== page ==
Deduction

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Deduction

An expense that is allowable as a reduction of gross taxable income by the IRS e.g., charity donations.

Deduction

An amount of money that one may subtract from one's gross annual income when calculating one's income tax liability. A common misconception about tax deductions is that they represent a dollar-for-dollar reduction of one's tax liability. Rather, a deduction removes a certain dollar amount from the income the IRS uses to calculate the percentage of one's income that is owed in taxes. Common deductions are charitable contributions, business expenses, and interest on mortgages. See also: Tax credit.

deduction

An expenditure that may legally be used to reduce an individual's income-tax liability. Potential deductions of particular interest to investors are expenditures for subscriptions to financial publications, a lock box for storing securities, and computer software for investment-related activities. These deductions, combined with employee business expenses and miscellaneous deductions, may be subtracted from a person's taxable income only to the extent their total exceeds 2% of that person's adjusted gross income. Interest paid on loans used to finance investments is deductible only against investment income. Also called itemized deduction, tax deduction. See also charitable contribution deduction.

Deduction.

A deduction is an amount you can subtract from your gross income or adjusted gross income to lower your taxable income when you file your income tax return.

Certain deductions, such as money contributed to a traditional IRA or interest payments on a college loan, are available only to taxpayers who qualify for these deductions based on specific expenditures or income limits, or both.

Other deductions are more widely available. For example, you can take a standard deduction, an amount that's fixed each year. And if your expenses for certain things, such as home mortgage interest, real estate taxes, and state and local income taxes, total more than the standard deduction, it may pay for you to itemize deductions instead.

However, if your adjusted gross income is above the limit Congress sets for the year, you may lose some of or all these deductions.

Deduction

An amount that may be subtracted from income that is otherwise taxable.
References in periodicals archive ?
The Congressional Joint Committee on Taxation staff's investigative report of Enron Corporation and other information revealed that taxpayers were engaging in various tax motivated transactions to duplicate a single economic loss and, subsequently, were deducting such a loss more than once.
The department had been deducting 60 percent to pay for three filling fees on which the inmate owed money; the appeals court held that the twenty-percent-of-income payments provided for under the Prison Litigation Reform Act (PLRA) must be calculated "per case" rather than "per prisoner.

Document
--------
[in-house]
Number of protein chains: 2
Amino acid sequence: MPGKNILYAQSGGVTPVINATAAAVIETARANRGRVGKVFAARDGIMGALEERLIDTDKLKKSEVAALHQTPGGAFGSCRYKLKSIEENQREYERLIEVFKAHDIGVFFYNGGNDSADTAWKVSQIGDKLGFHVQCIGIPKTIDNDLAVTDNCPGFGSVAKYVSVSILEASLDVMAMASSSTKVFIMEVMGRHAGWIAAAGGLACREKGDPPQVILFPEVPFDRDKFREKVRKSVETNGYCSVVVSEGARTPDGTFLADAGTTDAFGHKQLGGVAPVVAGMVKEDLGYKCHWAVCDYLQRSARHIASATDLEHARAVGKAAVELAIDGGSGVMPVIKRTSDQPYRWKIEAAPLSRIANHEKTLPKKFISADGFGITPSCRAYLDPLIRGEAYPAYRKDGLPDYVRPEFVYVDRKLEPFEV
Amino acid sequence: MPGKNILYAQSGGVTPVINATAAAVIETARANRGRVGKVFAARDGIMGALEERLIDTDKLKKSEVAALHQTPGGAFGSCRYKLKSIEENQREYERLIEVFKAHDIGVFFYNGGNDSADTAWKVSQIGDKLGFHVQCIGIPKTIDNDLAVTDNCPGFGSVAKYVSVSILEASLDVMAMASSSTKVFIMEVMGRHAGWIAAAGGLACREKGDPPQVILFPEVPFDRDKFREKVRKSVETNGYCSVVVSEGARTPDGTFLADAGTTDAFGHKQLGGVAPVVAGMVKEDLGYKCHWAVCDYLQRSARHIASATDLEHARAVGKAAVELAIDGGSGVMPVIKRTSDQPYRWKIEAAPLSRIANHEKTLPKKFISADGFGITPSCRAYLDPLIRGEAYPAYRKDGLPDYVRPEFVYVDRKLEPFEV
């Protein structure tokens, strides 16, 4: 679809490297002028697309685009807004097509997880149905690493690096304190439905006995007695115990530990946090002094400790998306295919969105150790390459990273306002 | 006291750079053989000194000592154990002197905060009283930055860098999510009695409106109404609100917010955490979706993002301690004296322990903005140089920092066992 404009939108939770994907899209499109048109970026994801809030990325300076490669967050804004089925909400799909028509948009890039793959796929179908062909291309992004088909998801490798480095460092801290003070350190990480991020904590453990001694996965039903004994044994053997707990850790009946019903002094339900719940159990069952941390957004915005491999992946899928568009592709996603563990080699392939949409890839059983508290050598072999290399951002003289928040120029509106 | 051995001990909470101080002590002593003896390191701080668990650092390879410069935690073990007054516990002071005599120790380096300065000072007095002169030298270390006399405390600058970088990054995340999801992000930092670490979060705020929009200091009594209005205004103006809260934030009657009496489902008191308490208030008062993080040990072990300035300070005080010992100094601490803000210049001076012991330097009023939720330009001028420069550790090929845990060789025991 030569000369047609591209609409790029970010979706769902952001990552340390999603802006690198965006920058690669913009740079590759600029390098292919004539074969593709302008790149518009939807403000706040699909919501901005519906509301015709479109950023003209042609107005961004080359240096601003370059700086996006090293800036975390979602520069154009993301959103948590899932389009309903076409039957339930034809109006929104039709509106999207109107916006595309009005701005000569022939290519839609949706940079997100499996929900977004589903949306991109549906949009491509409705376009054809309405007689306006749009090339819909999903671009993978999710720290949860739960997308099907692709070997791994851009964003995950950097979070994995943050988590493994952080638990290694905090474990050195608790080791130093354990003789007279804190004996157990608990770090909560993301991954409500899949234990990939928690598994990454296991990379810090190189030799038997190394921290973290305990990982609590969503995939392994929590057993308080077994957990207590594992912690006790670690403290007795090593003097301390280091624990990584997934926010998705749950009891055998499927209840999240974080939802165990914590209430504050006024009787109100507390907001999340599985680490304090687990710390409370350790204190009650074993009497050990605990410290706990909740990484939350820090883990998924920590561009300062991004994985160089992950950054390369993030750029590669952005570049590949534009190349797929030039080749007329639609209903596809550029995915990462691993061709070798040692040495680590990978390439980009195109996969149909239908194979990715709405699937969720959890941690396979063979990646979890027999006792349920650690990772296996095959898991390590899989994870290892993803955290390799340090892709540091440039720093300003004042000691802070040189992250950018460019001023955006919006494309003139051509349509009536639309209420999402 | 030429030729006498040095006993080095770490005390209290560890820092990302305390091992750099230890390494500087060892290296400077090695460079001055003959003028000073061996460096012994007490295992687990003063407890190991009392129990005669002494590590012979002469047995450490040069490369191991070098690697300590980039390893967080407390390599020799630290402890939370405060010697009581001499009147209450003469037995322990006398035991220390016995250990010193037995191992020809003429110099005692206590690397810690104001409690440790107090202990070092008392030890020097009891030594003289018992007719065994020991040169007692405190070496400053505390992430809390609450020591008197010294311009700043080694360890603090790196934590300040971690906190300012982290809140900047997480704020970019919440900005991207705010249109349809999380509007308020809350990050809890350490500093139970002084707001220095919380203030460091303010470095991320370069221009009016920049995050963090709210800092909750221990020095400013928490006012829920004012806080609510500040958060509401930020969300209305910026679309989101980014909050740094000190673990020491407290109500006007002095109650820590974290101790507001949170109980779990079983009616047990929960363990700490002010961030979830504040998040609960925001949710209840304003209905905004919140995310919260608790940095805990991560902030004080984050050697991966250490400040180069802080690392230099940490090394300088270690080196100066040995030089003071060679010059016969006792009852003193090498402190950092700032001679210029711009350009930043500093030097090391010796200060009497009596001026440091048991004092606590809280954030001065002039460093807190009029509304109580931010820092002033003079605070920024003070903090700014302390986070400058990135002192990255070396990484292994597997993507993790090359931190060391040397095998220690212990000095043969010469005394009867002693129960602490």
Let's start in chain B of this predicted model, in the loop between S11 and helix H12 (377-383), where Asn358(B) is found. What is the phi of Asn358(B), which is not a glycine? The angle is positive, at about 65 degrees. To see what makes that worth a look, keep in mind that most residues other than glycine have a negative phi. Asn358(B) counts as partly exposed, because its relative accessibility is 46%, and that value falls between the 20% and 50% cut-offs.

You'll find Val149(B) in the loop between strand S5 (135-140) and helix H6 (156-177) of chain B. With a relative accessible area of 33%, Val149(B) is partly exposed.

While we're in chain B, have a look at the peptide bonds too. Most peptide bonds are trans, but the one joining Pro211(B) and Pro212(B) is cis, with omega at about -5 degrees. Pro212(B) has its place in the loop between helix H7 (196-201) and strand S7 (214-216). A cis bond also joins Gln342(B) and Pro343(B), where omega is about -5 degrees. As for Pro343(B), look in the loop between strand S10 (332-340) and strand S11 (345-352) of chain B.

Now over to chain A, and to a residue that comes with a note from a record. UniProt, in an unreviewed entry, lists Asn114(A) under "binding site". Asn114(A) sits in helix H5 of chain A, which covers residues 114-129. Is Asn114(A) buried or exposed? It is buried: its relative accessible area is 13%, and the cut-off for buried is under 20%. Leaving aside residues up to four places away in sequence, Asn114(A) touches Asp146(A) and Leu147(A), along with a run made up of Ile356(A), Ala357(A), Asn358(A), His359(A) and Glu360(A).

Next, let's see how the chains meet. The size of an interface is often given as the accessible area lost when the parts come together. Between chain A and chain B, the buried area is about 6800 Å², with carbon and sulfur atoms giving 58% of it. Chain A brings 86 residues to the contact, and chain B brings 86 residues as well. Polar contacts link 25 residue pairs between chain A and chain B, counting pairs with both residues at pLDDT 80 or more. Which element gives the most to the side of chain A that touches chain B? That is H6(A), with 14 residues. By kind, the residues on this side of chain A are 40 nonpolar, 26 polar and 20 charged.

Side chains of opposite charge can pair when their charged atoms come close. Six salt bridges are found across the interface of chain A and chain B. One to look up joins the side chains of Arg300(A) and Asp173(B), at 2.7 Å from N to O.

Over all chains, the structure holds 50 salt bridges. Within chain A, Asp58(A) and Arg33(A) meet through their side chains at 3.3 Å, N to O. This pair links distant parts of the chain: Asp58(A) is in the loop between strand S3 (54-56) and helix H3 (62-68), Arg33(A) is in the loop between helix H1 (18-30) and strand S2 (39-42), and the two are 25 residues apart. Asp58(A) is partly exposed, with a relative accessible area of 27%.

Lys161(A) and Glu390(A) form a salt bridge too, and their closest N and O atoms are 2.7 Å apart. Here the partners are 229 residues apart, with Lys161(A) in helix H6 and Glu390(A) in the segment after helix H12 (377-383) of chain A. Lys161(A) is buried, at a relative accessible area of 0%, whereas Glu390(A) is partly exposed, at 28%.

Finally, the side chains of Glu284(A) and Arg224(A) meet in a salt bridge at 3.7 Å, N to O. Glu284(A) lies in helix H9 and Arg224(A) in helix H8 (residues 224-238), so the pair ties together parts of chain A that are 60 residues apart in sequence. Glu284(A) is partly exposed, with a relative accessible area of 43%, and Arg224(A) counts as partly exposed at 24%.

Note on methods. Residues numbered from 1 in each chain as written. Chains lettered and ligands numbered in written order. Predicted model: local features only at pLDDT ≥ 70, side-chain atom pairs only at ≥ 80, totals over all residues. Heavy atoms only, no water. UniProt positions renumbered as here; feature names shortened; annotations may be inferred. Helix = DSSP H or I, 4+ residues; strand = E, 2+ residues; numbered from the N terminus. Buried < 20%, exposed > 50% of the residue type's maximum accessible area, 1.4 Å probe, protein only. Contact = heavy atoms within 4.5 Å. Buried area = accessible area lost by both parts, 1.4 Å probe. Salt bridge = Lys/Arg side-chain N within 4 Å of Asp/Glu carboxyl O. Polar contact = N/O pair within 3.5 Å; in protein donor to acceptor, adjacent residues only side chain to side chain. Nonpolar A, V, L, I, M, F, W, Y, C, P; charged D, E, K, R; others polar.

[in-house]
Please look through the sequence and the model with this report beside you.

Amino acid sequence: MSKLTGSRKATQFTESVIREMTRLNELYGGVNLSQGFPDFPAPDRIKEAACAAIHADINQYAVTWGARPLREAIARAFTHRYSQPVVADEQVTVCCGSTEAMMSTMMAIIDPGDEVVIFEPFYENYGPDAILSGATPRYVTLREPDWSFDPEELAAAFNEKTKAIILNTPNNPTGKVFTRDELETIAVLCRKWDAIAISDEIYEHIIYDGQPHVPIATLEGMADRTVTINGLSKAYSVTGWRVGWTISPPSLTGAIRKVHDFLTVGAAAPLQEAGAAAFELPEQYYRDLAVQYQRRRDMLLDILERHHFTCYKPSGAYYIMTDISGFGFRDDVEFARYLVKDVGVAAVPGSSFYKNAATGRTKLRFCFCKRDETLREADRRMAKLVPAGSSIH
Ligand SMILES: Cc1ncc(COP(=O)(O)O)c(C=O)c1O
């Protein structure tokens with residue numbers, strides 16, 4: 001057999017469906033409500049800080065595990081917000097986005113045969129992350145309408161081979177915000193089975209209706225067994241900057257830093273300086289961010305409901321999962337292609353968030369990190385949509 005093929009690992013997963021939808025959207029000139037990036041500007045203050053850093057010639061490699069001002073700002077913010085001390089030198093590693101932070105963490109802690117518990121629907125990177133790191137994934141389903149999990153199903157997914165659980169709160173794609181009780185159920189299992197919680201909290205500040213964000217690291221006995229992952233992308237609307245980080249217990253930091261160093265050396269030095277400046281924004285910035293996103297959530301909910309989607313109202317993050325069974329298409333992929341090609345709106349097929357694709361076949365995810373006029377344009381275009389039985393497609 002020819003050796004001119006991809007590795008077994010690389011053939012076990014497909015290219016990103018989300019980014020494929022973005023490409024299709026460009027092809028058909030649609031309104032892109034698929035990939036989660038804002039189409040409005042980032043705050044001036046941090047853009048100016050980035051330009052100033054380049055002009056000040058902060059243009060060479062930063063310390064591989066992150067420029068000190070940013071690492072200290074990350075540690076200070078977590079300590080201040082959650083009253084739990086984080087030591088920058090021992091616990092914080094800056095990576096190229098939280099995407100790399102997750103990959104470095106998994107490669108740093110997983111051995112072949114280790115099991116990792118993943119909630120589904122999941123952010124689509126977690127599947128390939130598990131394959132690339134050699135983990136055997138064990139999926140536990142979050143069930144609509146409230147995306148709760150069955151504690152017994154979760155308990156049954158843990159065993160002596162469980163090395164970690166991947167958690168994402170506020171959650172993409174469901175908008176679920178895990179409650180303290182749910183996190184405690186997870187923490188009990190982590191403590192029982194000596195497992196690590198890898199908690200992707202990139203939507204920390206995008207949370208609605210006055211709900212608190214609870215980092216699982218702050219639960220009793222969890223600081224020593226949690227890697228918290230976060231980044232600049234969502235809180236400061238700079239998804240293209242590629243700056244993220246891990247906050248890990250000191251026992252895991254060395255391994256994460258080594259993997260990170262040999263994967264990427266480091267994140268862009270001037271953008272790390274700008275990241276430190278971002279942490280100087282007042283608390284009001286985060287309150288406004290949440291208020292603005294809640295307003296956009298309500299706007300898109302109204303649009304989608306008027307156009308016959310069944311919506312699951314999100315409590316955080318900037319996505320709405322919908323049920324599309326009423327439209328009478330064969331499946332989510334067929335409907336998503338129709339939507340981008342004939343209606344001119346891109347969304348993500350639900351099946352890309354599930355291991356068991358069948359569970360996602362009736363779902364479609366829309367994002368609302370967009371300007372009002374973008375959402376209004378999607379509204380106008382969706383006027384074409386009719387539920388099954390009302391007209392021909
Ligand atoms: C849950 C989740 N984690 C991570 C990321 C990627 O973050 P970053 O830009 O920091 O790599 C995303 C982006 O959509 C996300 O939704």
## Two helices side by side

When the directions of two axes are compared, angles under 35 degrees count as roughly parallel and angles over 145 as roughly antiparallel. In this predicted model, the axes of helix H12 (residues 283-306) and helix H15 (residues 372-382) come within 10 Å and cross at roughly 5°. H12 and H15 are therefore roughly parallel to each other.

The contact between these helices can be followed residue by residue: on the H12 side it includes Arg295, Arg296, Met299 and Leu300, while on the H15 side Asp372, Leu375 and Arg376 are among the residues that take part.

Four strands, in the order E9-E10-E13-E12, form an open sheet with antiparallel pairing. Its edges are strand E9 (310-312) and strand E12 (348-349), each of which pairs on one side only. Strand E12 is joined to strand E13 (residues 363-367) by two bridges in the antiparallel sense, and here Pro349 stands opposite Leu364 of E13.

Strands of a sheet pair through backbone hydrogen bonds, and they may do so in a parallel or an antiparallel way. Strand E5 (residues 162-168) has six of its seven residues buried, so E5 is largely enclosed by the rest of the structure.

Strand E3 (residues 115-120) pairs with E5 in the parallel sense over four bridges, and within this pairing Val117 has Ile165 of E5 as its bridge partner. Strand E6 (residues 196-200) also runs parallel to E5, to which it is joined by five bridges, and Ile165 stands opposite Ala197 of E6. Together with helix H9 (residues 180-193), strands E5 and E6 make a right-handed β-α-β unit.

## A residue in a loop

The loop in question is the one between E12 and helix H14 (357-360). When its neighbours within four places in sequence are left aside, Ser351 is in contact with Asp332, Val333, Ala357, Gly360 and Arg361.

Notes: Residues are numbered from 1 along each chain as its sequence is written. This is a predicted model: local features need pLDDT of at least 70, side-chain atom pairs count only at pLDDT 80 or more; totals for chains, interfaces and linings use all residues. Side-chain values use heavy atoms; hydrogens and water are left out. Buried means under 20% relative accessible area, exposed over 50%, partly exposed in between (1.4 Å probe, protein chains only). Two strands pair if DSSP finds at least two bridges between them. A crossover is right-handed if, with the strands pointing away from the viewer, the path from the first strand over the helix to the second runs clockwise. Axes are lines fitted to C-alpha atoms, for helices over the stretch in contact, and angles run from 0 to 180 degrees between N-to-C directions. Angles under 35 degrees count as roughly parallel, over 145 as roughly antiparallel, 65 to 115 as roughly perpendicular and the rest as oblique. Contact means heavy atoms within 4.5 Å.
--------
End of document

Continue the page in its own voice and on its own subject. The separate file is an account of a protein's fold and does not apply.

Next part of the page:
In fact, following the enactment of the Small Business Job Protection Act, the Tax Court has issued a new opinion in Fort Howard, ruling that the statutory amendment does not preclude the taxpayer in Fort Howard from deducting and amortizing its financing costs and fees over the term of the loan.
But if you get to deduct three-quarters of your lease payment, you're actually deducting three-quarters of the interest as well.
Equity is the residual interest in the assets of an entity that remains after deducting its liabilities.
As an alternative to currently deducting eligible timber-related expenditures, materially participating woodland owners may capitalize them if they so choose in years during which no income is produced from the property.
Of the additional shares offered, 300,000 shares were sold by ICT GROUP for total net proceeds of $6,822,000 after deducting underwriting discounts and commissions, and the remaining 172,500 shares were sold by certain selling stockholders.
In such cases, if a taxpayer itemizes for state tax purposes and can claim the sales tax deduction, he or she may be better off deducting sales tax on the Federal return, even though the deduction results in no Federal tax savings.
For 2004 and 2005, instead of deducting state and local income taxes, taxpayers would be able to choose to deduct state and local sales taxes by either (1) accumulating receipts or (2) using IRS sales tax tables and adding actual sales taxes paid for major items, such as vehicles.
However, section 163 (h)(1) bars individuals from deducting "personal interest.
You can get more information on deducting your home office expenses by reading IRS publication No.
Thus, where an expenditure relates to the production of current income notwithstanding some incidental ensuing future benefit), the proper period for deducting an expenditure is the current period.